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Case report
Sigmoid colon plexiform neurofibroma as a colonic subepithelial mass: a case report
Hee Won Baek1orcid, Eun Jeong Choi1orcid, Seung Jung Yu1orcid, Myeongpyo Kim1orcid, Sang Heon Lee1orcid, Sam Ryong Jee1orcid, Hyungjoo Baik2orcid, Hong Sub Lee1orcid
Kosin Medical Journal 2023;38(2):138-143.
Published online: November 9, 2022

1Division of Gastroenterology, Department of Internal Medicine, Inje University Busan Paik Hospital, Inje University College of Medicine, Busan, Korea

2Department of Surgery, Inje University Busan Paik Hospital, Inje University College of Medicine, Busan, Korea

Corresponding Author: Hong Sub Lee, MD, PhD Department of Internal Medicine, Inje University Busan Paik Hospital, Inje University College of Medicine, 75 Bokji-ro, Busanjin-gu, Busan 47392, Korea Tel: +82-51-890-6989 Fax: +82-51-892-0273 E-mail:
• Received: July 18, 2022   • Revised: September 7, 2022   • Accepted: September 7, 2022

Copyright © 2023 Kosin University College of Medicine.

This is an open-access article distributed under the terms of the Creative Commons Attribution Non-Commercial License ( which permits unrestricted non-commercial use, distribution, and reproduction in any medium, provided the original work is properly cited.

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  • Plexiform neurofibroma (PN) is an uncommon benign tumor, usually associated with neurofibromatosis type 1. As most PNs involve the craniomaxillofacial region, PN of the colon is very rare. Here we present a case of PN involving the sigmoid colon. A 43-year-old male patient presented to the outpatient clinic for the evaluation of an incidentally discovered sigmoid colon mass. A colonoscopic biopsy was performed for the mass, and the result revealed neuronal proliferation. The patient visited the outpatient clinic a year later with symptoms of abdominal pain and stool caliber change. Biopsy was repeated for the sigmoid colon mass, and the results showed mucosal Schwann cell proliferation and S-100 immunostaining positivity. Computed tomography and magnetic resonance imaging were performed for further evaluation, and neurofibroma or schwannoma was suspected based on the imaging studies. For an accurate diagnosis, the patient underwent surgery to remove the sigmoid colon mass. The final diagnosis of the mass was confirmed as PN. We hereby report a rare case of PN involving the sigmoid colon that could not be diagnosed before surgery.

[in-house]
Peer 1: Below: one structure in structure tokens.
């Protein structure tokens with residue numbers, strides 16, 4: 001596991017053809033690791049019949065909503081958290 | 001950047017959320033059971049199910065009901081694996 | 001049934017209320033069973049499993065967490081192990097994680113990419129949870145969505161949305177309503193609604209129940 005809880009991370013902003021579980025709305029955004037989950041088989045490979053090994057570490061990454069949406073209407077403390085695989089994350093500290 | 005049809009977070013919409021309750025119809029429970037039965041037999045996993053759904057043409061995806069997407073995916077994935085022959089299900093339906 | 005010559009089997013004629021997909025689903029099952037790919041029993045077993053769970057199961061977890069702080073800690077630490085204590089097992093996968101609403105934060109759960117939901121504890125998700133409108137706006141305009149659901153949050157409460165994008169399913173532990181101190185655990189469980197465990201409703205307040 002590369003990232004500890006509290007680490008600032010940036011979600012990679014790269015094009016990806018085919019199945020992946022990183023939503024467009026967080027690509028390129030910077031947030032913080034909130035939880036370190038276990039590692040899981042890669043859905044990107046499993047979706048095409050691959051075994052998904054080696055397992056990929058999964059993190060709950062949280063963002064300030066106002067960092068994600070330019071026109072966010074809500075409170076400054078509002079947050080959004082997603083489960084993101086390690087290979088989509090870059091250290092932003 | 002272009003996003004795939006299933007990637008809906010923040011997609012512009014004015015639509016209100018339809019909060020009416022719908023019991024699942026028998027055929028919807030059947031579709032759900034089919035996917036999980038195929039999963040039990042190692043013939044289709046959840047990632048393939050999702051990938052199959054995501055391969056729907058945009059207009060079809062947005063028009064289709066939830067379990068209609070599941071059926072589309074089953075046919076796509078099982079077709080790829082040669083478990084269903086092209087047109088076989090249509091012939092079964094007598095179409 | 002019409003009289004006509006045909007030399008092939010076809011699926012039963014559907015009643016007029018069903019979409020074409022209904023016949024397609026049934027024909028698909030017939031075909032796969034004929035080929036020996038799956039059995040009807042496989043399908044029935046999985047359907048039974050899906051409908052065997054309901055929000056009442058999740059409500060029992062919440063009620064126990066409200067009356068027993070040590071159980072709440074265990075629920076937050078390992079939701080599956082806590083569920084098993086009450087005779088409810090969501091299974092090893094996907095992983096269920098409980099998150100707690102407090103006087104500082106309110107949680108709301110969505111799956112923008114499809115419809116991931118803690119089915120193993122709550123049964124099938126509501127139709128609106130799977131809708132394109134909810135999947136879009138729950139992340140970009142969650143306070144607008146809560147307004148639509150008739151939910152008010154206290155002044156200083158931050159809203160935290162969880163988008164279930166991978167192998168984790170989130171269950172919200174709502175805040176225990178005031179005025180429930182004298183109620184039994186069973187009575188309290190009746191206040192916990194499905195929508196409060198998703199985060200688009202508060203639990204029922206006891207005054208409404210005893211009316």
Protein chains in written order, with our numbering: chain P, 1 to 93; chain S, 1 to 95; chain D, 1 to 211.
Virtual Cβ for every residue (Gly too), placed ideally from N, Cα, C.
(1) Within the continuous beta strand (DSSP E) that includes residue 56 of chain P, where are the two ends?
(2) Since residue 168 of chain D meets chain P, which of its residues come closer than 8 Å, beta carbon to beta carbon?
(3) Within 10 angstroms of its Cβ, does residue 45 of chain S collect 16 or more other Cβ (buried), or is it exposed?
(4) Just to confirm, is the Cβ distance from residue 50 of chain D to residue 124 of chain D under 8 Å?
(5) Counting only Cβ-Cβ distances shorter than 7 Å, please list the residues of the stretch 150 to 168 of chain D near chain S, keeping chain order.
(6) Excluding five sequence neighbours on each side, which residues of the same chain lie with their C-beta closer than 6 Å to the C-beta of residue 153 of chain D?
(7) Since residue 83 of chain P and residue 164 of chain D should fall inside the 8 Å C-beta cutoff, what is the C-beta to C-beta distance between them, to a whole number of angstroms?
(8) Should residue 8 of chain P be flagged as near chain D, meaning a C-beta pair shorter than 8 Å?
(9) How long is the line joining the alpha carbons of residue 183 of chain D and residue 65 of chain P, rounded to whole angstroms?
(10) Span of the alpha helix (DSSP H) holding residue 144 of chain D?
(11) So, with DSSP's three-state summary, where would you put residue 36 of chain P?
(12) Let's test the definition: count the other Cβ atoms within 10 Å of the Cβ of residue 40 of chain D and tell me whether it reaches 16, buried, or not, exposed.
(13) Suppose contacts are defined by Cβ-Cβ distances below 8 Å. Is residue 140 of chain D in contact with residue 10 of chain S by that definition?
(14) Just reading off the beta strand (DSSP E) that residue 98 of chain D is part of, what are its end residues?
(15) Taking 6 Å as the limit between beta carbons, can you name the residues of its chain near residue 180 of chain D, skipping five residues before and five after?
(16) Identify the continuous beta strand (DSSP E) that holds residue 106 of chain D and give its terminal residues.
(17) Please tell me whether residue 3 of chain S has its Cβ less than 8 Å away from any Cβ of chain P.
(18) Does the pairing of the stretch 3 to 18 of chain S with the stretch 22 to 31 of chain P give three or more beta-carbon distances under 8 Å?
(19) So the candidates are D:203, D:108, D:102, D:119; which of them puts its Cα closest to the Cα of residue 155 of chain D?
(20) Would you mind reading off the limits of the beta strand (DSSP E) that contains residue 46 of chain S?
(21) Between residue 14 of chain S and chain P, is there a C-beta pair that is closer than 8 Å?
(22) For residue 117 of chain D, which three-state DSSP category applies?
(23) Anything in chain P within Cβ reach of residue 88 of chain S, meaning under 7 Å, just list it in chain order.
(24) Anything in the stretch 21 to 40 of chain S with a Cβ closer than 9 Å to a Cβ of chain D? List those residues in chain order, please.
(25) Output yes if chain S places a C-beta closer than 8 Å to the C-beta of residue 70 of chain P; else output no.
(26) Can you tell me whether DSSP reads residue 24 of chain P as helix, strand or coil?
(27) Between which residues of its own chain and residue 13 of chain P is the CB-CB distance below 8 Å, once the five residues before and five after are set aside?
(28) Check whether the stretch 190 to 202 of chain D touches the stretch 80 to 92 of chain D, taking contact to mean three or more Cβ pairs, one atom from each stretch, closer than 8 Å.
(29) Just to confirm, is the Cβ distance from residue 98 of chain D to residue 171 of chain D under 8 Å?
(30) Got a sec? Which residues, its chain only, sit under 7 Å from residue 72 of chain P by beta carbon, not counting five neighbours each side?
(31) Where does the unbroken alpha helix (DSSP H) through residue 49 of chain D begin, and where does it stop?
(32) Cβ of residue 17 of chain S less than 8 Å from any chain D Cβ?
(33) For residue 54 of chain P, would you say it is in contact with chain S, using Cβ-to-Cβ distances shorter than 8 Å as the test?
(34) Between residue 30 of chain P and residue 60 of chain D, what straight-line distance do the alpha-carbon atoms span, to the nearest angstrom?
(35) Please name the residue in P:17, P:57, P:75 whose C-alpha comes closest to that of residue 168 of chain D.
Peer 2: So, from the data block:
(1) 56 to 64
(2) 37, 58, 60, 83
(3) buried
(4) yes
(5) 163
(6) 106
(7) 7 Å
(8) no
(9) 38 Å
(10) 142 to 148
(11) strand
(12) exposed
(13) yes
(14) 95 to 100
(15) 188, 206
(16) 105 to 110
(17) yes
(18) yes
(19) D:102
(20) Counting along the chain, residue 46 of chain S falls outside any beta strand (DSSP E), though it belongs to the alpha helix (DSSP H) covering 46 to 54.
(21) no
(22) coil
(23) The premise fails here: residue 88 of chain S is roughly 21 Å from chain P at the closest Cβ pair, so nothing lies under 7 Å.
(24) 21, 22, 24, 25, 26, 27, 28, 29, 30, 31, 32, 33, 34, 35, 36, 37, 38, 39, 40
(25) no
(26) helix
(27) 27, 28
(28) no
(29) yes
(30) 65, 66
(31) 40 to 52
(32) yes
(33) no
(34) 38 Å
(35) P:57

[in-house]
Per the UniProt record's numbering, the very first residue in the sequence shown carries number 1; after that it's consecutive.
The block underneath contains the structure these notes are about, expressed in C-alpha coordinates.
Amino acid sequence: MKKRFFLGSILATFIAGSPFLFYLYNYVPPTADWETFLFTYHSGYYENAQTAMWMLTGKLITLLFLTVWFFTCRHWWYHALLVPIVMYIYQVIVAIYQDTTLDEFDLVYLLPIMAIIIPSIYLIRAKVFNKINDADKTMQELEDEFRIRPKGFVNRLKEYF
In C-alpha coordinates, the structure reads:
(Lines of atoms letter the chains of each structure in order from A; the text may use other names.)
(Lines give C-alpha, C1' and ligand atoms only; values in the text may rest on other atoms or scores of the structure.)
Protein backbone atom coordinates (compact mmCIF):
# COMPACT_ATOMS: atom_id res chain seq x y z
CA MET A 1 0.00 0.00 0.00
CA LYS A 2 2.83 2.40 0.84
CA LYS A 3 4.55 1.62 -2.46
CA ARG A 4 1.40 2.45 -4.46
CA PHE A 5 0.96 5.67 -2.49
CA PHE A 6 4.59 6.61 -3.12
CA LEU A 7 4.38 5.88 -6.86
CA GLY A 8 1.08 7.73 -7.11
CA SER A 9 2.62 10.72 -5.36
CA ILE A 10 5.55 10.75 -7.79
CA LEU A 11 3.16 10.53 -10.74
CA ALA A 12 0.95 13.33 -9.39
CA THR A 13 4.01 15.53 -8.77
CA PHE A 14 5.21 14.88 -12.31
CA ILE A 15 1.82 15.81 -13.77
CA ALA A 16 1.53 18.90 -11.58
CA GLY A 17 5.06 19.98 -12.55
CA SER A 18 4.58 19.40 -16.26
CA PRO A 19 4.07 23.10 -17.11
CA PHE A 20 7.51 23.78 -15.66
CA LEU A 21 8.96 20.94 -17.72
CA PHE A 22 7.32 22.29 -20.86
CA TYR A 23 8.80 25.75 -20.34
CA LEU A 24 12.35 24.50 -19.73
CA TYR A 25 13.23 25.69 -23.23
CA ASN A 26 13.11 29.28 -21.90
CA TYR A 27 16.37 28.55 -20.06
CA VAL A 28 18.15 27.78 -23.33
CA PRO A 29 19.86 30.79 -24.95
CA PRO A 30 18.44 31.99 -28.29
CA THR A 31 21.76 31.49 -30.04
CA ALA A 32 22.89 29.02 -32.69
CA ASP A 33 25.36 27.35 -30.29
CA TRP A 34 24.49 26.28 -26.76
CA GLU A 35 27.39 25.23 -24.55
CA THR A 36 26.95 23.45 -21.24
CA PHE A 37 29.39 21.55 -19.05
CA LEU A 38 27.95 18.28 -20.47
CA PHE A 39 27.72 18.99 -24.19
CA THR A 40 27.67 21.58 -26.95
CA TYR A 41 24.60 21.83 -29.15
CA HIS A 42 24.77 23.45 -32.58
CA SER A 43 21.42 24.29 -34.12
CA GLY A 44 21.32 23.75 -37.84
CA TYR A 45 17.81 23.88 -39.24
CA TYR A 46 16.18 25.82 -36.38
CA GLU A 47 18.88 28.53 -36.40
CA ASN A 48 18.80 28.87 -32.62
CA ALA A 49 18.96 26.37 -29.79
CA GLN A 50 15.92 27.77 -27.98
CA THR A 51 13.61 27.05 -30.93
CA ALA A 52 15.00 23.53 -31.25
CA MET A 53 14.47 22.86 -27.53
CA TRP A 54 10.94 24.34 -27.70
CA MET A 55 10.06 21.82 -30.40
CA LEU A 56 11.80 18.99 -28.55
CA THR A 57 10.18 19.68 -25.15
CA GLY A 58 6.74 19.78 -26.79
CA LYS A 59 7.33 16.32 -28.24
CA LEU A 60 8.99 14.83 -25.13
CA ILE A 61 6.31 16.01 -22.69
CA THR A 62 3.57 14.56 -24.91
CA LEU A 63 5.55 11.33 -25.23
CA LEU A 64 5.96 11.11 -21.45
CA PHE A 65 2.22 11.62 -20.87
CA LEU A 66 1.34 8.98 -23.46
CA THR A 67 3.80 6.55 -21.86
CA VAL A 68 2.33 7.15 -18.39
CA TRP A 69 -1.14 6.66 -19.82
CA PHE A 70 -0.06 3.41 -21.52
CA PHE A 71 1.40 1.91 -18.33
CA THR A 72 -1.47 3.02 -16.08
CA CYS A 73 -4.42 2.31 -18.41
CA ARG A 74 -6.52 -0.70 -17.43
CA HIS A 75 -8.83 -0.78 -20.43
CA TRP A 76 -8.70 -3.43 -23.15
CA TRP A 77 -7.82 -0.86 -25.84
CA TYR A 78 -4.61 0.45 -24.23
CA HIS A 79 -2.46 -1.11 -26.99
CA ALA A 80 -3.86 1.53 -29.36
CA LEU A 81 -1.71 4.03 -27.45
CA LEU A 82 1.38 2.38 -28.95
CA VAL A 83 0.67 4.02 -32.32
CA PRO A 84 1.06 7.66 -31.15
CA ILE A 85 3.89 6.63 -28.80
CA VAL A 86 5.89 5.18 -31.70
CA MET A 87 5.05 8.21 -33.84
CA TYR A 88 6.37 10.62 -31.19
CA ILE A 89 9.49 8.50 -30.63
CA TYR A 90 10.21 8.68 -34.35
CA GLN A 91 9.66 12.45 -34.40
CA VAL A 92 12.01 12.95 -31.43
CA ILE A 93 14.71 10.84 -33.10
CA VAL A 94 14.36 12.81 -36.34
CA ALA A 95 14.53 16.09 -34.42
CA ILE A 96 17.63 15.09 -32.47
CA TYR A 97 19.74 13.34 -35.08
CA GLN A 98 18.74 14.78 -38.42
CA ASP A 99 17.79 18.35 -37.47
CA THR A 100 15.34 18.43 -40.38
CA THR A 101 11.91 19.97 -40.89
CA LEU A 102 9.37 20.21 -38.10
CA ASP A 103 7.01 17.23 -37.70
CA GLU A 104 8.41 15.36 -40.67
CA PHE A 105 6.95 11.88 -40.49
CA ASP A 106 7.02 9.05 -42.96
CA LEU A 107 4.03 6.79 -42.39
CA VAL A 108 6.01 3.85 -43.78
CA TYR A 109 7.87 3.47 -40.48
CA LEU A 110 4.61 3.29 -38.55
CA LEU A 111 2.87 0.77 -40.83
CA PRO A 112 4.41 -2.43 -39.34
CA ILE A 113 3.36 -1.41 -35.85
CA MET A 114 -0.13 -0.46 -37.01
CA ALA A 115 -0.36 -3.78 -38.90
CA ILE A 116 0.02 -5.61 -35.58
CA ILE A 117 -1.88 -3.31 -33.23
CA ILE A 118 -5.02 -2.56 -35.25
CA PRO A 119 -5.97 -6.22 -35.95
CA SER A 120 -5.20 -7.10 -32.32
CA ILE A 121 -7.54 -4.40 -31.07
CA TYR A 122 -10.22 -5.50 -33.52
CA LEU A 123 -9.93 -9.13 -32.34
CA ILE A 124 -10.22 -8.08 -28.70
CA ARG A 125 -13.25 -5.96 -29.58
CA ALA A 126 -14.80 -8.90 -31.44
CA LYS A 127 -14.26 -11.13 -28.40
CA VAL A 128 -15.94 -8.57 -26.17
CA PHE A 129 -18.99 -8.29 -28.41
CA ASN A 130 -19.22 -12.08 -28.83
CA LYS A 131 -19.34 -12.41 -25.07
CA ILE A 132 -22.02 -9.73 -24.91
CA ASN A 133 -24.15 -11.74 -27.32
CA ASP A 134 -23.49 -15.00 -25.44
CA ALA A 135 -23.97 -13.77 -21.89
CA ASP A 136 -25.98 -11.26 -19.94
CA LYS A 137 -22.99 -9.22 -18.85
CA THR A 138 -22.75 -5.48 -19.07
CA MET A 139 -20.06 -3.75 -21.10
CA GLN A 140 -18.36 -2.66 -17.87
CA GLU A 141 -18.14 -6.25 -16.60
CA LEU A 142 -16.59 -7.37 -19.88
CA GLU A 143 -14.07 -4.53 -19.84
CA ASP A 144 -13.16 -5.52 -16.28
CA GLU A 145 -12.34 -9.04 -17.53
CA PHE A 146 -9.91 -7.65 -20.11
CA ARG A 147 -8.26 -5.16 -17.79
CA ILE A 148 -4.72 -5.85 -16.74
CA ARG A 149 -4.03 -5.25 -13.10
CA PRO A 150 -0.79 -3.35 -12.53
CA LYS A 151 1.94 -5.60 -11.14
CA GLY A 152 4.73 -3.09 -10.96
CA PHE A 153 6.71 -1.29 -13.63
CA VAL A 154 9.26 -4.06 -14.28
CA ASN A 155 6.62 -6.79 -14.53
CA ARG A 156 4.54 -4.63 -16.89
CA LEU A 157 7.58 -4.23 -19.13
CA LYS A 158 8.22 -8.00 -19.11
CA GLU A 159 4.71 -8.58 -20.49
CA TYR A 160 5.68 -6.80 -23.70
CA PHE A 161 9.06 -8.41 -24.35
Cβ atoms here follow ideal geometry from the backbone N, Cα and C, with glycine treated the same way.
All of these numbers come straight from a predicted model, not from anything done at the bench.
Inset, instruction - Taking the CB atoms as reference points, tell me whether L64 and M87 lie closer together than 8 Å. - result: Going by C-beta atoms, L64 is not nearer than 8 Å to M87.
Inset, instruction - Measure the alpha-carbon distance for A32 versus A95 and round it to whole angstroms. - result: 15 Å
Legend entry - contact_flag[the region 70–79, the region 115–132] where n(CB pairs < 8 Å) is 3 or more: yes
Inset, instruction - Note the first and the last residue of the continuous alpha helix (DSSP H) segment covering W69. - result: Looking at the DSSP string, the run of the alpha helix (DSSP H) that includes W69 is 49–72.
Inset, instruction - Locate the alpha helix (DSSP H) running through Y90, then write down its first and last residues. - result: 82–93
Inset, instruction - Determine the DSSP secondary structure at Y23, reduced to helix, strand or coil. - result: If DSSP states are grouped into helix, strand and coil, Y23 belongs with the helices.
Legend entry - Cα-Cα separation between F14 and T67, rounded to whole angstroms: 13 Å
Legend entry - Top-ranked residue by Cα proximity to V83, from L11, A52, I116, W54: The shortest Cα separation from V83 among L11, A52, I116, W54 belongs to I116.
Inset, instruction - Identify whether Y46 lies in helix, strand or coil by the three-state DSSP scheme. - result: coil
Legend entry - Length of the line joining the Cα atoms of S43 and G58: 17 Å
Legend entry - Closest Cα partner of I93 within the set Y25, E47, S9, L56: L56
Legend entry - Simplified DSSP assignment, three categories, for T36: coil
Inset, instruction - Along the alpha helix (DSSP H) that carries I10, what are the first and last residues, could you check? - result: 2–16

Plexiform neurofibroma (PN) is a benign tumor that involves the peripheral nerve sheath and is most commonly associated with neurofibromatosis type 1 (NF-1) [1]. NF-1 is a neurocutaneous disease with an incidence of 1 in 3,000 births. The NF-1 gene (NF-1) is located on chromosome 17q11.2, and NF-1 is caused by a loss-of-function mutation of this gene. NF-1 produces the neurofibromin protein, a member of the Ras GTPase-activating protein family [2]. There are four types of neurofibromas, namely; cutaneous neurofibromas, subcutaneous neurofibromas, nodular PN, and diffuse PN [3]. PNs are uncommon variants of NF-1 that occur most frequently in the craniomaxillofacial region [4]. In cases of PN involving the gastrointestinal tract, the most commonly affected sites are the jejunum and stomach [5]. Accordingly, PNs affecting the colon are rarely reported. Herein, we present a case of PN that involved the sigmoid colon.
Ethical statements: This study was exempted from review by the Institutional Review Board (IRB) of Inje University Busan Paik Hospital (IRB No. BPIRB 2022-03-001). The informed consent was waived for this case study.
A 43-year-old man presented to the gastroenterologist for the evaluation of a sigmoid colon mass. The patient had no medical history; however, his mother had a history of NF-1. He had previously undergone colonoscopy at a local clinic for health screening, with a sigmoid colon mass identified despite the absence of symptoms (Fig. 1A). A colonoscopic biopsy of the sigmoid colon mass was performed at local clinic, with histological analyses demonstrating neuronal proliferation. As the patient had no symptoms, he was only expected to undergo a follow-up colonoscopy after 1 year.